A new case of bitcoin use? A report on how the US treats the dollar

In mid-March, many Americans received stimulus checks from the government, and while payments – $ 1,400 for every U.S. citizen earning less than $ 80,000 a year – will be a blessing to millions in dire economic situations as a result of the COVID-19 crisis. the specter of inflation. And as with many other things, this one has bitcoin (BTC) angle.

March 15, CEO of Galaxy Digital Mike Novogratz proposed on NBC Squawk Box a new role for bitcoins in the light of recent stimulus measures – as “a testament to how citizens think the government is managing their finances”. If people believe that US Treasury Secretary Janet Yellen et. al. it can land safely with this “giant supertanker,” a fiscal and monetary stimulus, Novogratz said, “then people will stop moving in bitcoins.” But for now, “we’re in uncharted territories, how much money we’re printing, and bitcoin is a testament to that.” “

Podcaster Preston Pysh he insisted something similar a few days earlier in response to a report that the US House of Representatives had approved a $ 1.9 trillion COVID aid package: “Think of #Bitcoin as a benchmark.”

What to make of it? A new and exciting case of using the world’s first cryptocurrency – ie as a kind of feedback tool for monetary policy makers? Or just another fantasy of bitcoin maximalists?

“No evidence” that bitcoin is hedging

David Yermack, a professor of finance at the University of New York at Leonard N. Stern School, rejected the idea that the BTC could serve as a “testimonial” for governments, and told Cointelegraph: “There is no evidence that bitcoins move against a sovereign currency. He added that “when we look at large samples for research purposes, it is very difficult to find evidence in a statistically strict sense.”

Others say bitcoin is too inaccurate. If inflation rises by 2.4% during the year, as recently the Federal Reserve System forecast, the price of BTC will also increase by 2.4% – or its constant multiple? Or, conversely, if the Fed tightens its money supply and dampens inflation, will the price of BTC also fall? The BTC must, in principle, be highly correlated with the inflation rate in order to be useful as a feedback tool, and this seems unlikely.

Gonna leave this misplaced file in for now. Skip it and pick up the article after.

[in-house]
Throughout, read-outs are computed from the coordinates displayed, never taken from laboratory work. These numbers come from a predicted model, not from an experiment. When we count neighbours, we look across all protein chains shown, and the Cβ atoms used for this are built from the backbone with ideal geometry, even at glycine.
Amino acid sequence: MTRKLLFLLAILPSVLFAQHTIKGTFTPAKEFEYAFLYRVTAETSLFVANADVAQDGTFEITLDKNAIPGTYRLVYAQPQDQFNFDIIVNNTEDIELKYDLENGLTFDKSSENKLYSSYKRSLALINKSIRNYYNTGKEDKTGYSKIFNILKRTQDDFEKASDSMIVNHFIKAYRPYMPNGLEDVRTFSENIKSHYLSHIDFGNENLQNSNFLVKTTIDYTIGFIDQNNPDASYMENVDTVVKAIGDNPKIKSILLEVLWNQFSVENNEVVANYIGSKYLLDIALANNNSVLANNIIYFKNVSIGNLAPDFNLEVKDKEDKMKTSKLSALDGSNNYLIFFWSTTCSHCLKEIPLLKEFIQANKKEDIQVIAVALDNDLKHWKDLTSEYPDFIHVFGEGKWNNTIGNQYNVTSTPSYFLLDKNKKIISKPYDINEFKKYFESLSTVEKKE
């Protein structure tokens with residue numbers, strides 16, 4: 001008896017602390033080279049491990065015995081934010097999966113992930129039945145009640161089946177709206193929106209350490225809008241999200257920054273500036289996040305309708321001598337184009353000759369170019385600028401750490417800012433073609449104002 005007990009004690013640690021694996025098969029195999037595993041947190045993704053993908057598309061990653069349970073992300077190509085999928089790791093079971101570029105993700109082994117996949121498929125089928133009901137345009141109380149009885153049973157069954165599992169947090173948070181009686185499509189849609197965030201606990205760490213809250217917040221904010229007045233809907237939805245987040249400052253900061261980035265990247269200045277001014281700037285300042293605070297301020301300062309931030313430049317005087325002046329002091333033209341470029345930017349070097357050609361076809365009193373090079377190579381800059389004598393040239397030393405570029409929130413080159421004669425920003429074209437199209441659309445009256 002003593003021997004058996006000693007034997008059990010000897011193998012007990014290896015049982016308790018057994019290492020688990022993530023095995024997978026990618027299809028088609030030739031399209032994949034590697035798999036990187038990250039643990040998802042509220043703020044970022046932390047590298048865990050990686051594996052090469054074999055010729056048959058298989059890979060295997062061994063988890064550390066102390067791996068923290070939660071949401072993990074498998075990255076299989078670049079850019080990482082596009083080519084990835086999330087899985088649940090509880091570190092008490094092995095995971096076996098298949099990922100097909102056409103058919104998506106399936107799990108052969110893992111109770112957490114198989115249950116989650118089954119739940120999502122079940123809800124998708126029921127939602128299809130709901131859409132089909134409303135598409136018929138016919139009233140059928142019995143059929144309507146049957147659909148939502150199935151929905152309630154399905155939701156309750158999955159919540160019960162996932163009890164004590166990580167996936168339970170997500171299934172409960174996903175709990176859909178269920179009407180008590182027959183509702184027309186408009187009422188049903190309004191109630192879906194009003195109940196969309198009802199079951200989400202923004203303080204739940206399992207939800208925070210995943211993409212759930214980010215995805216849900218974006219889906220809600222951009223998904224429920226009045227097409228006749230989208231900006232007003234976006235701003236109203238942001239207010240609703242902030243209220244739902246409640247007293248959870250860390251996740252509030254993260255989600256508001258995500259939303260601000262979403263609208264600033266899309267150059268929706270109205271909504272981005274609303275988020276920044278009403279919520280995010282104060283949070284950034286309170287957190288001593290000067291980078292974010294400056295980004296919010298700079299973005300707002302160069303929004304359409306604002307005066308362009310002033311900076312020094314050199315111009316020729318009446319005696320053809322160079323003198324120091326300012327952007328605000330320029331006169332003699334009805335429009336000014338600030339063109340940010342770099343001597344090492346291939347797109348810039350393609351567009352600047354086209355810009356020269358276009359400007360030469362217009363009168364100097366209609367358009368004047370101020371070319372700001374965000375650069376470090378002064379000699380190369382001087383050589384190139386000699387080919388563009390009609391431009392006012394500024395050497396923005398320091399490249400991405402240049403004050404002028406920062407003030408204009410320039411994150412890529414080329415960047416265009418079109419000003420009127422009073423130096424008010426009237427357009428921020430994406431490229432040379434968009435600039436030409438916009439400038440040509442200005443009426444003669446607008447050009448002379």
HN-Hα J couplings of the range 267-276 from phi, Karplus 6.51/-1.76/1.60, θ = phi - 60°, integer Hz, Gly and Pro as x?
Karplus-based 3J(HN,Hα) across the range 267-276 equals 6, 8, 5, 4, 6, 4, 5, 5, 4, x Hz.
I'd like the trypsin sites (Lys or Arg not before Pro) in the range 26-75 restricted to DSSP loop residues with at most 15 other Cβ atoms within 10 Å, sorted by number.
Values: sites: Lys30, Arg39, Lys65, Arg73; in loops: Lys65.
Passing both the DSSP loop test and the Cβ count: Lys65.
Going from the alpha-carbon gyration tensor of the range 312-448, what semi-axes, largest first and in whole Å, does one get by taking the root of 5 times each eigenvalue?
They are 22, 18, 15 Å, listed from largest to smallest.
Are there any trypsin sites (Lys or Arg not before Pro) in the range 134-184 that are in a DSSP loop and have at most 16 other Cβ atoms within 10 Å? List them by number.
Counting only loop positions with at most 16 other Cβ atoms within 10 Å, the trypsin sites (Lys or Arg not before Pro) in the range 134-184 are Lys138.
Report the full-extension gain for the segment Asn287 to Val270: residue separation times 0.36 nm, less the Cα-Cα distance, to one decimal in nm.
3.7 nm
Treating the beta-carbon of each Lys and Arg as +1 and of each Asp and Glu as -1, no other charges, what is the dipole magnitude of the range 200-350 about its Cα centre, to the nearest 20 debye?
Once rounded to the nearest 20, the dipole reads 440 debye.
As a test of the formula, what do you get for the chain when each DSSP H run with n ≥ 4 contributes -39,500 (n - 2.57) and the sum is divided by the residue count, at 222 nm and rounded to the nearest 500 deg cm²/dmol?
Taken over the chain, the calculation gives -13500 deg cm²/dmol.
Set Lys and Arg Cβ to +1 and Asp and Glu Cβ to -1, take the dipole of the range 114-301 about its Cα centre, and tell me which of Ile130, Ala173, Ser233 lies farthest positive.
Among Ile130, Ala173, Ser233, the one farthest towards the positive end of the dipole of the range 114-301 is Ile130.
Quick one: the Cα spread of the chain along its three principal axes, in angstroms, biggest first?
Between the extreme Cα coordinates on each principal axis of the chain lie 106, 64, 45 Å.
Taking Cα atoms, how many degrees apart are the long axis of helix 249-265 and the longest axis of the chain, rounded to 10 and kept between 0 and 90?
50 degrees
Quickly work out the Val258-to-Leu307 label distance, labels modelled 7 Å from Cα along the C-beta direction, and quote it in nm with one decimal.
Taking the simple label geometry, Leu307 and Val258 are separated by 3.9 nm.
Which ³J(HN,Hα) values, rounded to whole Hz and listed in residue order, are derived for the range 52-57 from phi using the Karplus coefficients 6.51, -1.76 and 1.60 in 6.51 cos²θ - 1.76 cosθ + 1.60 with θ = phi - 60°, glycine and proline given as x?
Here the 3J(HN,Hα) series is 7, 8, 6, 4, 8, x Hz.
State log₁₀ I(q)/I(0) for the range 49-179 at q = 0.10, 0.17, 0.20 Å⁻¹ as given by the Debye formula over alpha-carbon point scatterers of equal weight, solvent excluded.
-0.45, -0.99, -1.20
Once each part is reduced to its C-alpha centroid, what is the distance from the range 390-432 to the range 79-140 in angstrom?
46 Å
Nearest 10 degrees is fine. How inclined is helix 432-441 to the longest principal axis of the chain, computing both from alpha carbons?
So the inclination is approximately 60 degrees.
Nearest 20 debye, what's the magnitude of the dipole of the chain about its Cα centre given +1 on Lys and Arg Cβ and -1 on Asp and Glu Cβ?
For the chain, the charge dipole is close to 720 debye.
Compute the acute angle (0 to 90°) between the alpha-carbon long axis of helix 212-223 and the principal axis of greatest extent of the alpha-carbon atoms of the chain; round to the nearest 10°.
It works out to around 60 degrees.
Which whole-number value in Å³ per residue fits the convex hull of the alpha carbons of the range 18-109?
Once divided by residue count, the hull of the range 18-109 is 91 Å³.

“The Fed’s liquidity boost has boosted profits in virtually all major asset classes, with some pure speculative games, such as bitcoin, benefiting even more,” said Eswar Prasad, a professor of economics at Cornell University and chief executive of the Brookings Institution. Cointelegraph and adds:

“It is unlikely that bitcoin prices will be considered a reliable guide of any kind for monetary policy, especially because they are traded in a relatively thin market that appears to be subject to manipulation and speculative waves.”

However, Novogratz supported his hypothesis – in any case on Twitter. Conducted an informal survey on 28 February, I’m asking: “Is the $ BTC a testimonial on monetary and fiscal policy?” When adding 3000 plus votes, 70.8% said “yes” and 29.2% said “no”.

Nik Bhatia, author of the book Layered money: from gold and dollars to bitcoins and digital central bank currencies and an adjunct professor of finance and business economics at the University of Southern California, Cointelegraph said the need to separate fiscal stimulus from monetary stimulus.

According to him, in the short term there is clearly a positive relationship between fiscal stimulus and bitcoin price. When people have new stimulus controls in their pockets, they are more likely to buy bitcoin, which will increase the price of BTC. Really recent Mizuho Securities Survey He said U.S. stimulus controls could increase the market capitalization of bitcoins by up to 3% – although the survey was small in sample size.

In any case, it is more difficult to show the connection between money stimulus and BTC, Bhatia continued. In the long run, most bitcoinists probably believe that there is a positive correlation between monetary incentives and BTC – meaning that people concerned about inflation-driven incentives will seek refuge in BTC, “but it is impossible to prove it.” The BTC is now growing – and will continue to do so – “the growing dominance of cryptocurrency in the international monetary system,” Cointelegraph said.